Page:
Abstract: The coronavirus pandemic has led many countries to initiate unprecedented economic recovery packages. Policymakers tackling the coronavirus crisis have also been encouraged to prioritize policies which help mitigate a second, looming crisis: climate change. We identify and analyze policies that combat both the coronavirus crisis and the climate crisis. We analyze both the long-run climate impacts from coronavirus-related economic recovery policies, and the impacts of long-run climate policies on economic recovery and public health post-recession. We base our analysis on data on emissions, employment and corona-related layoffs across sectors, and on previous research. We show that, among climate policies, labor-intensive green infrastructure projects, planting trees, and in particular pricing carbon coupled with reduced labor taxation boost economic recovery. Among coronavirus policies, aiding services sectors (leisure services such as restaurants and culture, or professional services such as technology), education and the healthcare sector appear most promising, being labor intensive yet low-emission—if such sectoral aid is conditioned on being directed towards employment and on low-carbon supply chains. Large-scale green infrastructure projects and green R&D investment, while good for the climate, are unlikely to generate enough employment to effectively alleviate the coronavirus crisis.
    Keywords: coronavirus, climate policy
    JEL: Q54 E62
    Date: 2020
  63. By: Nidhi KAICKER (School of Business, Public Policy and Social Entrepreneurship, Ambedkar University, India); Katsushi S. IMAI (Department of Economics, The University of Manchester, UK and Research Institute for Economics and Business Administration, Kobe University, Japan); Raghav GAIHA (Glovbal Development Institute, University of Manchester, UK and Population Studies Centre, University of Pennsylvania, U.S.A.)
    Abstract: This is the first econometric analysis of severity of Covid-19 pandemic measured using two related but distinct measures of mortality up to 21 June, 2020: one is the Cumulative Severity Ratio (CSR) and the other is Daily Severity Ratio (DSR). The CSR measures the additional pressure on our fragile and ill-equipped healthcare system, and the DSR helps monitor the progression of fatalities. Another important contribution of this analysis is the use of rigorous econometric methodology: random effects models and Hausman-Taylor models. Although the rationales vary, they yield a large core of robust results. The specifications are rich and comprehensive despite heavy data constraints. The factors associated with the CSR and DSR include (lagged) Covid-19 cases, income, age, gender, multi-morbidity, urban population density, lockdown phases and their interactions with three states, Maharashtra, Jharkhand and Meghalaya, weather including temperature and rainfall and their interactions with the two state dummies. Given the paucity of rigorous econometric analyses, our study yields policy insights of considerable significance.
    Keywords: Covid-19, Cumulative severity ratio, Daily severity ratio, Random-Effects model, Hausman-Taylor model, Jharkhand, Maharashtra, India
    JEL: C23 I18 N35 O10
    Date: 2020–08
  64. By: Vimal Ranchhod (School of Economics and SALDRU, University of Cape Town); Reza Daniels (School of Economics and SALDRU, University of Cape Town)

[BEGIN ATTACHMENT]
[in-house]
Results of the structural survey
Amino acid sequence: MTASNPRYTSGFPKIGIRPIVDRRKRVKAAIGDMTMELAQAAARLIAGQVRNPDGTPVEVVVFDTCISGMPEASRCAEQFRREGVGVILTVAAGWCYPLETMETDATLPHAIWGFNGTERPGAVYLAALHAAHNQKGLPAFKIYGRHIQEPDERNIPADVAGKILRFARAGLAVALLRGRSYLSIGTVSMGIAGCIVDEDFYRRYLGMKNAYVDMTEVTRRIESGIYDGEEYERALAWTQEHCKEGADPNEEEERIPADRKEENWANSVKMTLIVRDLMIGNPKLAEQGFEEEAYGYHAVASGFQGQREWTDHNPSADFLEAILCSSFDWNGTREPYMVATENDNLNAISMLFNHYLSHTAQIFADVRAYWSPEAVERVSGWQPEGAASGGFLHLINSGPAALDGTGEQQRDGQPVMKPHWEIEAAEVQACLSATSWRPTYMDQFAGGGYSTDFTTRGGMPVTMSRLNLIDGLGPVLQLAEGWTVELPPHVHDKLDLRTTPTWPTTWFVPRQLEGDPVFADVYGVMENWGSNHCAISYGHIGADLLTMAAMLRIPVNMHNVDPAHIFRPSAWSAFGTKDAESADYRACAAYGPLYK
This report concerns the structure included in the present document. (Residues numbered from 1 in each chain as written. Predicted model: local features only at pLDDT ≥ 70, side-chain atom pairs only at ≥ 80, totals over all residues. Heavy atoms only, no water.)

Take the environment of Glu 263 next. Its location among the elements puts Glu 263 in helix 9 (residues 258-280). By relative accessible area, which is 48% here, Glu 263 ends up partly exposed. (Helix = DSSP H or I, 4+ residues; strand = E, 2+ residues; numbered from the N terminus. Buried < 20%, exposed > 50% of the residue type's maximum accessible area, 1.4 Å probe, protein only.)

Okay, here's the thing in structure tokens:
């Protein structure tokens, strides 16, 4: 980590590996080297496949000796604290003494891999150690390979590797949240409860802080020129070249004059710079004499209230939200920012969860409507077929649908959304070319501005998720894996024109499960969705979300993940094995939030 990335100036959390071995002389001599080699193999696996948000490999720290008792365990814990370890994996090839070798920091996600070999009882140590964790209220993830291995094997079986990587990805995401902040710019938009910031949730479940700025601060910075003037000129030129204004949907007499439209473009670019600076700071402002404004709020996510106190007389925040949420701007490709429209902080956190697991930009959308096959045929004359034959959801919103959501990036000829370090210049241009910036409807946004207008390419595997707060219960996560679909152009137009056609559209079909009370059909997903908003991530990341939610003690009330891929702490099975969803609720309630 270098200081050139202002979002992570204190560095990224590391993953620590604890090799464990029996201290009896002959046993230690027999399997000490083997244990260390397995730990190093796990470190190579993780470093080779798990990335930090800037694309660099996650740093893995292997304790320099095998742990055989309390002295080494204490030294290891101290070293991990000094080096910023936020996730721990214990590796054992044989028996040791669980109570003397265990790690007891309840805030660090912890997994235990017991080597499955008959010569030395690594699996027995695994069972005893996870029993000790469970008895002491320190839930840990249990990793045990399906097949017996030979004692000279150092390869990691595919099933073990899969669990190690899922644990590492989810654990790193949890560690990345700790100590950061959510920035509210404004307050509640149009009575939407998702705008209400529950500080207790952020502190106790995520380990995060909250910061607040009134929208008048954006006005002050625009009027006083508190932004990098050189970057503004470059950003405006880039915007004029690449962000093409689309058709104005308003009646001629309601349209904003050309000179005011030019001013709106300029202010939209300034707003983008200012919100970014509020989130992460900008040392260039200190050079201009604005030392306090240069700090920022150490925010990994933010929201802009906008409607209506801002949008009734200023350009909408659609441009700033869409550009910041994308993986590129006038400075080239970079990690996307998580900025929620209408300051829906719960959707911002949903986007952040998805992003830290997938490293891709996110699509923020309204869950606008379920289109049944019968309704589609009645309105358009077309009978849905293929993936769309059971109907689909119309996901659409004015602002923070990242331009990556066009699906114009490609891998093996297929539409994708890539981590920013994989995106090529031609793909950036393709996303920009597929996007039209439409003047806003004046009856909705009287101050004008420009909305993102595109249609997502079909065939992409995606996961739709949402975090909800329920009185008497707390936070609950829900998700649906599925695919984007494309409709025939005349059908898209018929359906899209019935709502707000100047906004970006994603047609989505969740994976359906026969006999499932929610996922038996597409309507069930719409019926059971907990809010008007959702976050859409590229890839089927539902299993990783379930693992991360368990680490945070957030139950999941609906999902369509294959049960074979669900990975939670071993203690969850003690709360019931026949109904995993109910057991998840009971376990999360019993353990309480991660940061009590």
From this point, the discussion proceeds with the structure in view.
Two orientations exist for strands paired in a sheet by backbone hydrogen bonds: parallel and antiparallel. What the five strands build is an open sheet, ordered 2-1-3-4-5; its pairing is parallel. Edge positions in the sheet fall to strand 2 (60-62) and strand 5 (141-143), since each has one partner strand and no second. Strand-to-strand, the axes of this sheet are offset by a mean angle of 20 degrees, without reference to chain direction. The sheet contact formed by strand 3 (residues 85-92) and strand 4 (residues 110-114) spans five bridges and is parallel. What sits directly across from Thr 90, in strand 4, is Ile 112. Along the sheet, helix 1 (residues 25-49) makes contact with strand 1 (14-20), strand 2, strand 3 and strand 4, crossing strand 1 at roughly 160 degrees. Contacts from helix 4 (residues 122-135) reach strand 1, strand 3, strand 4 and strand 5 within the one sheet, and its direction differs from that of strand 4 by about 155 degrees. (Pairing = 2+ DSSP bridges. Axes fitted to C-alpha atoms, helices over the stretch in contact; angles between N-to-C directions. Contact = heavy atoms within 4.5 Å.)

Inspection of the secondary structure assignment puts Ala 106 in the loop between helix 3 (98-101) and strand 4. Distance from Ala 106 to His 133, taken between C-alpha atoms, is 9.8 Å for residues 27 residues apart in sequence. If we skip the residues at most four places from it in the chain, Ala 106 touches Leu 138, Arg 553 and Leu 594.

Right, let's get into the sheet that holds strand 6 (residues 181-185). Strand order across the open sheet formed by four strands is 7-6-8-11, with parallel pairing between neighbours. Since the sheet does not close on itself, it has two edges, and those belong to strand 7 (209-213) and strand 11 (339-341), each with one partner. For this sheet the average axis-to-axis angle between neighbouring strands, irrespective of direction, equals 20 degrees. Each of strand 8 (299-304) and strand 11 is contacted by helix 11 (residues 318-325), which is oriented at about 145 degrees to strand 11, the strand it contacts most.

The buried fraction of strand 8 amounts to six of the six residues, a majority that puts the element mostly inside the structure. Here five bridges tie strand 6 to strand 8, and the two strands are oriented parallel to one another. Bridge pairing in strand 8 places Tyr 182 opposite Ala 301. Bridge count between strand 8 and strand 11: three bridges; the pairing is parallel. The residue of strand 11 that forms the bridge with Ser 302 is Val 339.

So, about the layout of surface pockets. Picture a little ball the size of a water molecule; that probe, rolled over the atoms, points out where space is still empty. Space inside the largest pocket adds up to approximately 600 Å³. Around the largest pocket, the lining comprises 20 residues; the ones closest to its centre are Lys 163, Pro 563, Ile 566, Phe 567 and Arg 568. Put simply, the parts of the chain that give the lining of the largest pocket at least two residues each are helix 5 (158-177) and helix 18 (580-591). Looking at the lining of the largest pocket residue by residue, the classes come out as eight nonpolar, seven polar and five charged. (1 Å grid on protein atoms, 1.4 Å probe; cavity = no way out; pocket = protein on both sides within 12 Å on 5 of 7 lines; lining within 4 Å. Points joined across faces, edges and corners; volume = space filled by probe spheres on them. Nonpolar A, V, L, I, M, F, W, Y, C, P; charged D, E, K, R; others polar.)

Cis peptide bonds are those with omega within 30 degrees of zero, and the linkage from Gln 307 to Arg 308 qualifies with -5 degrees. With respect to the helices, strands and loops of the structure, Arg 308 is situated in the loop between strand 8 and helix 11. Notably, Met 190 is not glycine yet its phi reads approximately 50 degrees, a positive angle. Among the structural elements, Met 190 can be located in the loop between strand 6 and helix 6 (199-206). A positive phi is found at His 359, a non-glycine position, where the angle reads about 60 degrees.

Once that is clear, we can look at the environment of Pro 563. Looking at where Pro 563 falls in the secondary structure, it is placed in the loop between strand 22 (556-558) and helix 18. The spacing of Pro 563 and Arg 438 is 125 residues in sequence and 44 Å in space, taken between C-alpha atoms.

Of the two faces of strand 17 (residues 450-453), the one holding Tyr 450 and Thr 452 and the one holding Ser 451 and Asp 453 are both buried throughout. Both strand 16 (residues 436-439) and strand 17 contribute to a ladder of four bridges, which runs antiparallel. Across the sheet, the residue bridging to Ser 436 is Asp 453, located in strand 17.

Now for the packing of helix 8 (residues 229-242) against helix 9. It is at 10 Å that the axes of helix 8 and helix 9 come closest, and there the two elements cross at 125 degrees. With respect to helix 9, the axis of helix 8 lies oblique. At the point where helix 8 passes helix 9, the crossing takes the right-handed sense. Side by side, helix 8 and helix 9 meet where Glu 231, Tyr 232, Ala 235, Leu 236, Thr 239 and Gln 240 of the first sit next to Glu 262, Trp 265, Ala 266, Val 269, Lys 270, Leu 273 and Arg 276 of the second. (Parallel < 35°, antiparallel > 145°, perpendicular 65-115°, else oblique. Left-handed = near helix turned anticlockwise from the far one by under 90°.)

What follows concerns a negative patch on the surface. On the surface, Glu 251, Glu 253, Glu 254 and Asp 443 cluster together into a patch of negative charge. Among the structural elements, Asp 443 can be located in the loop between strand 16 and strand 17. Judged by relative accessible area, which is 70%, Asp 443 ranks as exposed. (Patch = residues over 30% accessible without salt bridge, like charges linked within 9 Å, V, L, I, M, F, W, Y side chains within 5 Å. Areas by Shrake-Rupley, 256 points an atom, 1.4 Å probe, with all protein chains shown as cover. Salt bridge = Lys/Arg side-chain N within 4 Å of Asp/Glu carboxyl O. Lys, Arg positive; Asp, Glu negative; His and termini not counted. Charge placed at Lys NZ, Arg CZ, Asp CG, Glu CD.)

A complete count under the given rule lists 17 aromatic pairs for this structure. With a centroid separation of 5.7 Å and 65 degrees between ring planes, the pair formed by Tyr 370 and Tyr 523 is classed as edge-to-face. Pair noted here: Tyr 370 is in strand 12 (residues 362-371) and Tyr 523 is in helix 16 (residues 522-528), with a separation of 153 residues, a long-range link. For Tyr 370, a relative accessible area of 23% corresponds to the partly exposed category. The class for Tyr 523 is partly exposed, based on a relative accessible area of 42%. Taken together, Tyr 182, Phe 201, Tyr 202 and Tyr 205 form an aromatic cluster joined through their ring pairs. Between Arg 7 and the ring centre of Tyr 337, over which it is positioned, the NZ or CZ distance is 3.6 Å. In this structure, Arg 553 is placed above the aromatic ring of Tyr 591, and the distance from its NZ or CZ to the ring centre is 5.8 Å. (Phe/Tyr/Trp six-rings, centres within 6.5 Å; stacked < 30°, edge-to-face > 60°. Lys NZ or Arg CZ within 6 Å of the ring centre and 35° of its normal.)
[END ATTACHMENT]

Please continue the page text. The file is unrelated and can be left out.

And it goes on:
Abstract: The COVID-19 pandemic is a health crisis that will exacerbate the South African unemployment crisis. As a temporary measure, the lockdown has prevented a substantial number of people from going to work. In addition, the longer term implications of a global recession have not been adequately recognized. This paper conducts an analysis of labour market dynamics in South Africa during the initial period of lockdown, from the end of March to the end of April 2020, using the first wave of the NIDS-CRAM (2020) survey. Within our sample of over 6000 adults aged 18 to 59, we found that there was a very large decrease in employment. The fraction of the sample that was conventionally classified as employed decreased from 57% in February to 48% in April. If we further exclude temporarily absent workers, this fraction decreases further to 38%. Thus, about 1 out of every 3 employed people in our sample either lost their job or did not work and received no wages during April. This has extremely large implications for poverty and welfare. We further analyse the labour market by comparing across demographic groups as defined by race, by gender, by age groups, by geographic areas, and by education levels. The over-arching finding from this analysis is that the job losses were not uniformly distributed amongst the different groups. In particular, groups who have always been more vulnerable – such as women, African/Blacks, youth, and less educated groups – have been disproportionately negatively affected. In addition to the poverty implications, this will also likely affect the inequality situation in South Africa
    Keywords: Labour markets, poverty, unemployment, COVID-19, South Africa
    Date: 2020

This nep-hea issue is ©2020 by Nicolas R. Ziebarth. It is provided as is without any express or implied warranty. It may be freely redistributed in whole or in part for any purpose. If distributed in part, please include this notice.
General information on the NEP project can be found at For comments please write to the director of NEP, Marco Novarese at <>. Put “NEP” in the subject, otherwise your mail may be rejected.
NEP’s infrastructure is sponsored by the School of Economics and Finance of Massey University in New Zealand.